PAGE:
Nobody Walks

Ants in their pants.

Sex is in the air as filmmaker Martine (Olivia Thirlby), the lead character in Nobody Walks, arrives in Los Angeles to spend some time in the home of a friend’s friends’ family, where she’ll work on her film, an arty short starring scorpions and ants. Before she’s been on the ground thirty minutes, she’s getting dry-humped in the airport parking garage by the guy she sat next to on the flight. On to the house in the hills. Peter, a sound designer (John Krasinski), immediately pounces on Martine. But instead she goes home with David (Rhys Wakefield), Peter’s assistant. Psychologist Julie, Peter’s bored wife (Rosemarie DeWitt), entertains the idea of trying something with a patient (Justin Kirk) who dreams about her. Meanwhile Kolt, Julie’s young-adolescent daughter (India Ennenga), has a crush on David and is devastated to spy him nuzzling Martine — but not enough to warm up to puppy love with her classmate Avi (Sam Lerner). And frankly, we’re worried about the way Kolt’s Italian tutor, Marcello (Emanuele Secci), looks at her.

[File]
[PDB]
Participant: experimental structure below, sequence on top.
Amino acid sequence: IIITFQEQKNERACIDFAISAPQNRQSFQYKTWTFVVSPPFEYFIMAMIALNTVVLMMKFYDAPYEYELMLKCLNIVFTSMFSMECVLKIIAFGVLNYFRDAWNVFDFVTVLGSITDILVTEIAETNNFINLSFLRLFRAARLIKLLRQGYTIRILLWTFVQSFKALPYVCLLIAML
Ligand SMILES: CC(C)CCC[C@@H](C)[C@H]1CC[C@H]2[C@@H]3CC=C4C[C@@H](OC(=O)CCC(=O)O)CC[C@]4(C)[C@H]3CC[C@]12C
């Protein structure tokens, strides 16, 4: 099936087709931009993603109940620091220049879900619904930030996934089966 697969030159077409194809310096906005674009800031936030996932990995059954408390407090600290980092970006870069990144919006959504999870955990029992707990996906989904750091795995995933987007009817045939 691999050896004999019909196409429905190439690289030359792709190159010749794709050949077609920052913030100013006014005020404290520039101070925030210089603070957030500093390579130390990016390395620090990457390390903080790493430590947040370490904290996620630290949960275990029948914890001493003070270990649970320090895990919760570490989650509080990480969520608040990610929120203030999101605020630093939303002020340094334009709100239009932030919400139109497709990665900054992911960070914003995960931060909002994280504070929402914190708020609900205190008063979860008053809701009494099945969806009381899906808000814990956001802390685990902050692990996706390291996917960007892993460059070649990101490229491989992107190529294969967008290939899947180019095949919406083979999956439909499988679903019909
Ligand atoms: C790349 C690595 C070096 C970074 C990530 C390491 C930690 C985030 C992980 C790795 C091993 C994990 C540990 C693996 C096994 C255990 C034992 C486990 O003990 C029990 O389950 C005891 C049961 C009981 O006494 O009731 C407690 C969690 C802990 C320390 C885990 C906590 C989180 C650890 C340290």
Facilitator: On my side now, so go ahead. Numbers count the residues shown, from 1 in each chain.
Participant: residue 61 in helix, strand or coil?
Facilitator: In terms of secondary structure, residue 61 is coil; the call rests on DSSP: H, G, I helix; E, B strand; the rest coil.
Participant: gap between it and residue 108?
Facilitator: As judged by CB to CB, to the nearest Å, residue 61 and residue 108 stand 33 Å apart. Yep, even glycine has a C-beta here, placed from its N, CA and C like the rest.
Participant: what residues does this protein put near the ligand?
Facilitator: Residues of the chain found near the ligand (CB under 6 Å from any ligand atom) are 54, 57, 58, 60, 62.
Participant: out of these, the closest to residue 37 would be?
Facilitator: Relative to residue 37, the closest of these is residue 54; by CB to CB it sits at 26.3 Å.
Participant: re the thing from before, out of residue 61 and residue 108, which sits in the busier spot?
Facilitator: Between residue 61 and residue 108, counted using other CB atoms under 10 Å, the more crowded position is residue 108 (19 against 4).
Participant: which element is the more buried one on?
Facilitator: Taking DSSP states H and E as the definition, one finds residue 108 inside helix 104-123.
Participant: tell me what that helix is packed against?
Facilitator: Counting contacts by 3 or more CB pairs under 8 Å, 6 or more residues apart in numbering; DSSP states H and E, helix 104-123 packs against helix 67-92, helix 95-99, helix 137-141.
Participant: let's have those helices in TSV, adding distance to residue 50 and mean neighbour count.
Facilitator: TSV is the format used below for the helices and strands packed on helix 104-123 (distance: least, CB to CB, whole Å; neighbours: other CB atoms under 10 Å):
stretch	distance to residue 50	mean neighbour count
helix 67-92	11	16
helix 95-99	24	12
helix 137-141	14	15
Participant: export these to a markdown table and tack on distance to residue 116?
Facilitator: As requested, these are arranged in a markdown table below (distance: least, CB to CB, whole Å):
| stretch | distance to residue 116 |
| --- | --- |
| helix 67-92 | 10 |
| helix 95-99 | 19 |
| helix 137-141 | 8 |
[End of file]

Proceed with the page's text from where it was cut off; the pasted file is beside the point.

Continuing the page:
Nobody Walks was whipped up by director Ry Russo-Young (You Wont Miss Me) with screenwriter Lena Dunham, maker of the beguiling Tiny Furniture and HBO series Girls, perhaps to capitalize on Thirlby’s undeniable magnetism after her work in Margaret and Being Flynn. But it’s eighteen-year-old Ms. Ennenga’s Kolt who steals this nervous, intriguingly sour little character study. She does it with a poem, and the movie is suddenly hers.


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